What kind of panel moderator are you?
That was the question as a few of us were sipping martinis on our back deck in Prince Edward Island, gazing out at the ocean. We came up with 8 different styles – and agreed that we have seen all eight styles – although not all at the same time!
Perhaps you identify with one or two styles…or perhaps you use a blend. Just beware of when a specific style comes on too strong and doesn’t serve the audience well.
And just for fun, we tried to pair up the style with a famous American talk show host. Would love to know your ideas as well!
Beware the Inquisitor: With a knife edge that digs too deeply, asks challenging questions too sharply or asks leading questions to move forward a specific agenda.
I love the way Mette Harrison described the “Ellen Kushner Dinner Party”:
[Fantasy Author] Ellen Kushner explained that she hopes that the audience in her panels feels like they have been sitting in on a dinner party. She wants everyone to feel equally empowered to speak, but she feels no obligation to sit back and let the other panelists do the talking. She strategizes by trying to think of fun jumping off points and sort of throws them into the mix and lets what is going to happen happen. She doesn’t try to keep people from having a heated discussion. In fact, in some ways, it seemed that what she wanted was two opposing sides duking it out up on the podium.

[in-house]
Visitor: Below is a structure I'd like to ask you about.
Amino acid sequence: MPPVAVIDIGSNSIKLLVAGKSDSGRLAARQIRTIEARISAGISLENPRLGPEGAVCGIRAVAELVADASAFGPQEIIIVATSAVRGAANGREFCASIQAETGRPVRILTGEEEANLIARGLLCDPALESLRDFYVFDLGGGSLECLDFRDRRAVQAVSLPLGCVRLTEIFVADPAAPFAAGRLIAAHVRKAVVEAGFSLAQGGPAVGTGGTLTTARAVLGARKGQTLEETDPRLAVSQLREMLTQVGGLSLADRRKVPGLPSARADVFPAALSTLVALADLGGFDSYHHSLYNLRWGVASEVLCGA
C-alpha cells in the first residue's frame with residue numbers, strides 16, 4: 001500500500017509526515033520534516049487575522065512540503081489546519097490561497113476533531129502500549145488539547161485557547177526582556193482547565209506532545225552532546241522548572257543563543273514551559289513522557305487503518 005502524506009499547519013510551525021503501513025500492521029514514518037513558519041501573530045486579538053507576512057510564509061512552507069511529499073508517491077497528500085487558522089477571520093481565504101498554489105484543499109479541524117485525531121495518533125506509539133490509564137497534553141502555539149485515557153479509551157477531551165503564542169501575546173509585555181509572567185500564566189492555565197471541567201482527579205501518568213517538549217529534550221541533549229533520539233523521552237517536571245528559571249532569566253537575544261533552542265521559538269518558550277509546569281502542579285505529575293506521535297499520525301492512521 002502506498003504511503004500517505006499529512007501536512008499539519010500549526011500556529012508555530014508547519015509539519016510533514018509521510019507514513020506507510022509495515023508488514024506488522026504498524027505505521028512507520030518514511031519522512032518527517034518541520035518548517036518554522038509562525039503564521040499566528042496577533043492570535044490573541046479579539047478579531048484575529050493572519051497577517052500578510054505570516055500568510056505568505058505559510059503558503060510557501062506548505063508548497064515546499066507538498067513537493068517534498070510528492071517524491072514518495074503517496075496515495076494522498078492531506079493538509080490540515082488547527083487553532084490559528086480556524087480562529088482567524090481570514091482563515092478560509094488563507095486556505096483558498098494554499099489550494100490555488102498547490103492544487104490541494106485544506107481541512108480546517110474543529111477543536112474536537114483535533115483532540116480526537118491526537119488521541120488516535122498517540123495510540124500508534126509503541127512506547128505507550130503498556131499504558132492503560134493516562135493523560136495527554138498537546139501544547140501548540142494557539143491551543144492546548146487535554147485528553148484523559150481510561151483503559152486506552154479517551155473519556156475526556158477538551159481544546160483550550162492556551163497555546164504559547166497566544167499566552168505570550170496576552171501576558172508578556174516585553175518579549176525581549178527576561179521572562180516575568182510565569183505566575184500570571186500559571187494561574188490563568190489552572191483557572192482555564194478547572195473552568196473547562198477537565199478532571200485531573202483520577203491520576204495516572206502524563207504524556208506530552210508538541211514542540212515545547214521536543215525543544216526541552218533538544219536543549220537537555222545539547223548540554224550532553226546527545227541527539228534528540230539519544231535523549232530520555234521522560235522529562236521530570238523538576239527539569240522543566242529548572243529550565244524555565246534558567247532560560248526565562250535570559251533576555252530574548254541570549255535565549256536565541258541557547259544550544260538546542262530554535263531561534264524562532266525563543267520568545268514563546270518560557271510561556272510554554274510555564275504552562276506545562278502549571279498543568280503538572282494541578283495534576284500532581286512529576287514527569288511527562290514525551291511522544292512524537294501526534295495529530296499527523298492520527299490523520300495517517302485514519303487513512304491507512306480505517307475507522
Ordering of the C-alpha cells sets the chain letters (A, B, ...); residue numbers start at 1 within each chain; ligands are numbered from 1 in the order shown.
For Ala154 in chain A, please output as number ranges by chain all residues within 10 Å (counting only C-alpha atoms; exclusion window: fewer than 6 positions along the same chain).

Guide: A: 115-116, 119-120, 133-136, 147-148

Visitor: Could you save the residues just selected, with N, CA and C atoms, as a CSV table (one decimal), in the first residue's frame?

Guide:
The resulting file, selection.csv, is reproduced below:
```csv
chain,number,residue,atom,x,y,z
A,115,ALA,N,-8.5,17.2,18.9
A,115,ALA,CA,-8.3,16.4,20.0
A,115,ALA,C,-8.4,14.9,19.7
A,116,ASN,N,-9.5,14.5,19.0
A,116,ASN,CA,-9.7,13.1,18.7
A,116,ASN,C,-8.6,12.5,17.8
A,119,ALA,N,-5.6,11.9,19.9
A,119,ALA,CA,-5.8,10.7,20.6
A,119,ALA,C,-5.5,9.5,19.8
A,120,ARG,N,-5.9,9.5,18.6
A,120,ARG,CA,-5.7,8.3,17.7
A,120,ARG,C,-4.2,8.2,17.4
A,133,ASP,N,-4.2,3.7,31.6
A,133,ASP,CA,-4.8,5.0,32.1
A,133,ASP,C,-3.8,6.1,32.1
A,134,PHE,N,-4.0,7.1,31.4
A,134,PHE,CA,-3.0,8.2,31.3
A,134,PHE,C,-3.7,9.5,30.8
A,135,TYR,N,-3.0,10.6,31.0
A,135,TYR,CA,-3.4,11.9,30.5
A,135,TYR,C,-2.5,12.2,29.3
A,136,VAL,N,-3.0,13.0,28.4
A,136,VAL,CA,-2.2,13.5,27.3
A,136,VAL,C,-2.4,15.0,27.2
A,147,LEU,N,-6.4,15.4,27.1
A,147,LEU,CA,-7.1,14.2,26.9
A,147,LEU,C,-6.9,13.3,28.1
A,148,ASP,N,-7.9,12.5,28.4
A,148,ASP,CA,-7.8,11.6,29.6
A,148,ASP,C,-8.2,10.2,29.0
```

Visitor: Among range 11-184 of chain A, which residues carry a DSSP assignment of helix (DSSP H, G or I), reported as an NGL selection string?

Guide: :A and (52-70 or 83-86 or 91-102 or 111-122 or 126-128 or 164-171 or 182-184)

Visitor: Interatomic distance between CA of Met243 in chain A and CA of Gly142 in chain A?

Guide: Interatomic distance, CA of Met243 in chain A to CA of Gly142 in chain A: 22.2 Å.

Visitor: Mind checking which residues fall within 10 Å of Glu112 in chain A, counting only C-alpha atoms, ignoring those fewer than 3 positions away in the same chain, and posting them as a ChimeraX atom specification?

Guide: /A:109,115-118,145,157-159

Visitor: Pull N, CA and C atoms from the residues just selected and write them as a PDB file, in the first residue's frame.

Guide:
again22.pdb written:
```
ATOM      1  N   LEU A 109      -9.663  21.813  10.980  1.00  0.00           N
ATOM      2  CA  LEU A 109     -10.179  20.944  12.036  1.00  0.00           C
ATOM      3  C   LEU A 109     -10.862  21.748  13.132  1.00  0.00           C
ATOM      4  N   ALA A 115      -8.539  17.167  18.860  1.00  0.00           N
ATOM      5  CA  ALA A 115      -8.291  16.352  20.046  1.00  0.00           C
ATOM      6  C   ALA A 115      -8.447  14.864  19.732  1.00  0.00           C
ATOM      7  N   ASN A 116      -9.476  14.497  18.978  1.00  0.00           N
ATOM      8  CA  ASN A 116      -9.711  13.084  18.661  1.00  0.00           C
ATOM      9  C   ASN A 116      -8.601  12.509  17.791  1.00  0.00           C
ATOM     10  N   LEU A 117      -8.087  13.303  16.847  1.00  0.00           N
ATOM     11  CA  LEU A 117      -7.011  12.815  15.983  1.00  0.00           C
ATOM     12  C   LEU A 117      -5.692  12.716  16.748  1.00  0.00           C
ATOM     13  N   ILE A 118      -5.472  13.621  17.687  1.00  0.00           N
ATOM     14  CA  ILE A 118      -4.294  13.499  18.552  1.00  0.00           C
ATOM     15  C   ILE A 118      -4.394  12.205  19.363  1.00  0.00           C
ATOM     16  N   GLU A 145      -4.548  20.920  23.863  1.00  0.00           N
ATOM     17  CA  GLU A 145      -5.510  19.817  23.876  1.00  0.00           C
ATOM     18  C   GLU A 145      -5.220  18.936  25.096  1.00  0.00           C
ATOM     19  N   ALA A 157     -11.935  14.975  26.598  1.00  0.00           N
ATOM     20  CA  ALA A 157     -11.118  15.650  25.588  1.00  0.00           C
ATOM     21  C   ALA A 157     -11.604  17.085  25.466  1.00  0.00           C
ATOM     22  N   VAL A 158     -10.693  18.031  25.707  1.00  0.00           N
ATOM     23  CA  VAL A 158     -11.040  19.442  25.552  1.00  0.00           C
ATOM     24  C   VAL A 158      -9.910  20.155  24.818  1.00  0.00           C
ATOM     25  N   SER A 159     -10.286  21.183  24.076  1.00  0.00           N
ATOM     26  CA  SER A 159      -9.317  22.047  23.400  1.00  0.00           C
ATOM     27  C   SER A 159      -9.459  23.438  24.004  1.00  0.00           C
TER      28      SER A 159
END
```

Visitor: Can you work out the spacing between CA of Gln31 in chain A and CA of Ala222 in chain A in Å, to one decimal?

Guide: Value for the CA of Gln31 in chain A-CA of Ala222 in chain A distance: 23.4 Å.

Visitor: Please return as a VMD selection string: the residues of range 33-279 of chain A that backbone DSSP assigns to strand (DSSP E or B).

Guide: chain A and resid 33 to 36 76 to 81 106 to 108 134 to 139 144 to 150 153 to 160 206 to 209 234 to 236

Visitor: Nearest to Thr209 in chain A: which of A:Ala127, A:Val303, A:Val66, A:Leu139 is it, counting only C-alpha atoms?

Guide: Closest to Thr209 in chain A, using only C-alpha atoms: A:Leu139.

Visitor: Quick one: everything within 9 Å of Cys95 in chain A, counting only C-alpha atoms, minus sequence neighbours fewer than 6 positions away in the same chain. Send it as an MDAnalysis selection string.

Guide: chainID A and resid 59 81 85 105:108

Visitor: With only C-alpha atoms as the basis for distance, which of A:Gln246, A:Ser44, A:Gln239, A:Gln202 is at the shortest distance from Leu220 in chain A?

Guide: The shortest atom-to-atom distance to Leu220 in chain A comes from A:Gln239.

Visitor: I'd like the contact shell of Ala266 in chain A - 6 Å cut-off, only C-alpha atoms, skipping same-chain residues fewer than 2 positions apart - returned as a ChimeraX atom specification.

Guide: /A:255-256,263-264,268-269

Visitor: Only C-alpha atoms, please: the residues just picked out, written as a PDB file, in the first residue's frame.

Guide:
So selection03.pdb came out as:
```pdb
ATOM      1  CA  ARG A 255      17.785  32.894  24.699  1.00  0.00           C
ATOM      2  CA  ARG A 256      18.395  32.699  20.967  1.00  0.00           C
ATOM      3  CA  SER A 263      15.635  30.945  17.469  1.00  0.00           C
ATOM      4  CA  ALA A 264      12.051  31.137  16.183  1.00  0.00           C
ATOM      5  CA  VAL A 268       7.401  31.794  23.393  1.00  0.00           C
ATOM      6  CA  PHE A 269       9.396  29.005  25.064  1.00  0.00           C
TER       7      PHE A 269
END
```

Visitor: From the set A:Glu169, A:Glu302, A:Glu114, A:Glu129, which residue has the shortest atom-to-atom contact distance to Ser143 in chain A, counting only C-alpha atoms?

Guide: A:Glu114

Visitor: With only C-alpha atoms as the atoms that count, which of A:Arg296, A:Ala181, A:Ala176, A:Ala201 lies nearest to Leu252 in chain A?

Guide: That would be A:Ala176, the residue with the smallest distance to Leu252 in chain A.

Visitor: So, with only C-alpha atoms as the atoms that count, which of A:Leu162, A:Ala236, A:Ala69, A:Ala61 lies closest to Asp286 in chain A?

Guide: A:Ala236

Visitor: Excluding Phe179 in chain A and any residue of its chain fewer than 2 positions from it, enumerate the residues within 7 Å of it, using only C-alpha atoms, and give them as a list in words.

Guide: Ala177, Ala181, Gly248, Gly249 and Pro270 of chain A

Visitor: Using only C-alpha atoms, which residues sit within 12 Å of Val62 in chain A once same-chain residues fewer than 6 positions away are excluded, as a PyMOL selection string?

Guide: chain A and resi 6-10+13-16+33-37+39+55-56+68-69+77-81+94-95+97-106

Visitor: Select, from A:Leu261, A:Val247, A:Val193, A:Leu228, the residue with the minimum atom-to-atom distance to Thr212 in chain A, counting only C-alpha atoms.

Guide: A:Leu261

Beware the Empty Host who just shows up to the party without doing the requisite planning. The panel then devolves into an audience-driven free-for-all where the panelists respond to crazy questions.
Beware the Star who keeps the spotlight on themselves by talking too much, turning the conversation toward her own agenda and/or hawking their products or services.
Beware of being the Sideliner who realizes he is in way over his head. He doesn’t know how to facilitate the conflict, so he backs out of the conversation and lets the two sides duke it out.
Beware the Dominator who takes over the panel discussion, calls on himself more often than any other panelist, or has the answer for everything. So who’s minding the process?
Beware being The Clown that has to make everything “funny.”
Role Models: Hmmm….I think I’ll stay ignorant on this one!
Beware Staying Ignorant. You know how to do this. Draw up a quick agenda and touch base with your panelists in the few moments before the start of the session. Consider starting with a quick definition of the topic and get the audience to tell you what they want to know about it. Then have the panelists introduce themselves along with an answer or insight into what the audience wants to know.
Role Models: Ha. Ha. I’m not that stupid to name someone an idiot!
Beware Staying Stupid. If you are going to moderate a panel discussion, by all means, do the work and do it well! Check out my book, Powerful Panels: A Step-By-Step Guide to Moderating Lively & Informative Panel Discussions at Meetings, Conferences & Conventions.
Kristin Arnold, professional panel moderator and high-stakes meeting facilitator, shares her best practices for interactive, interesting, and engaging panel presentations. For more resources like this, or to have Kristin moderate your next panel visit the Powerful Panels official website.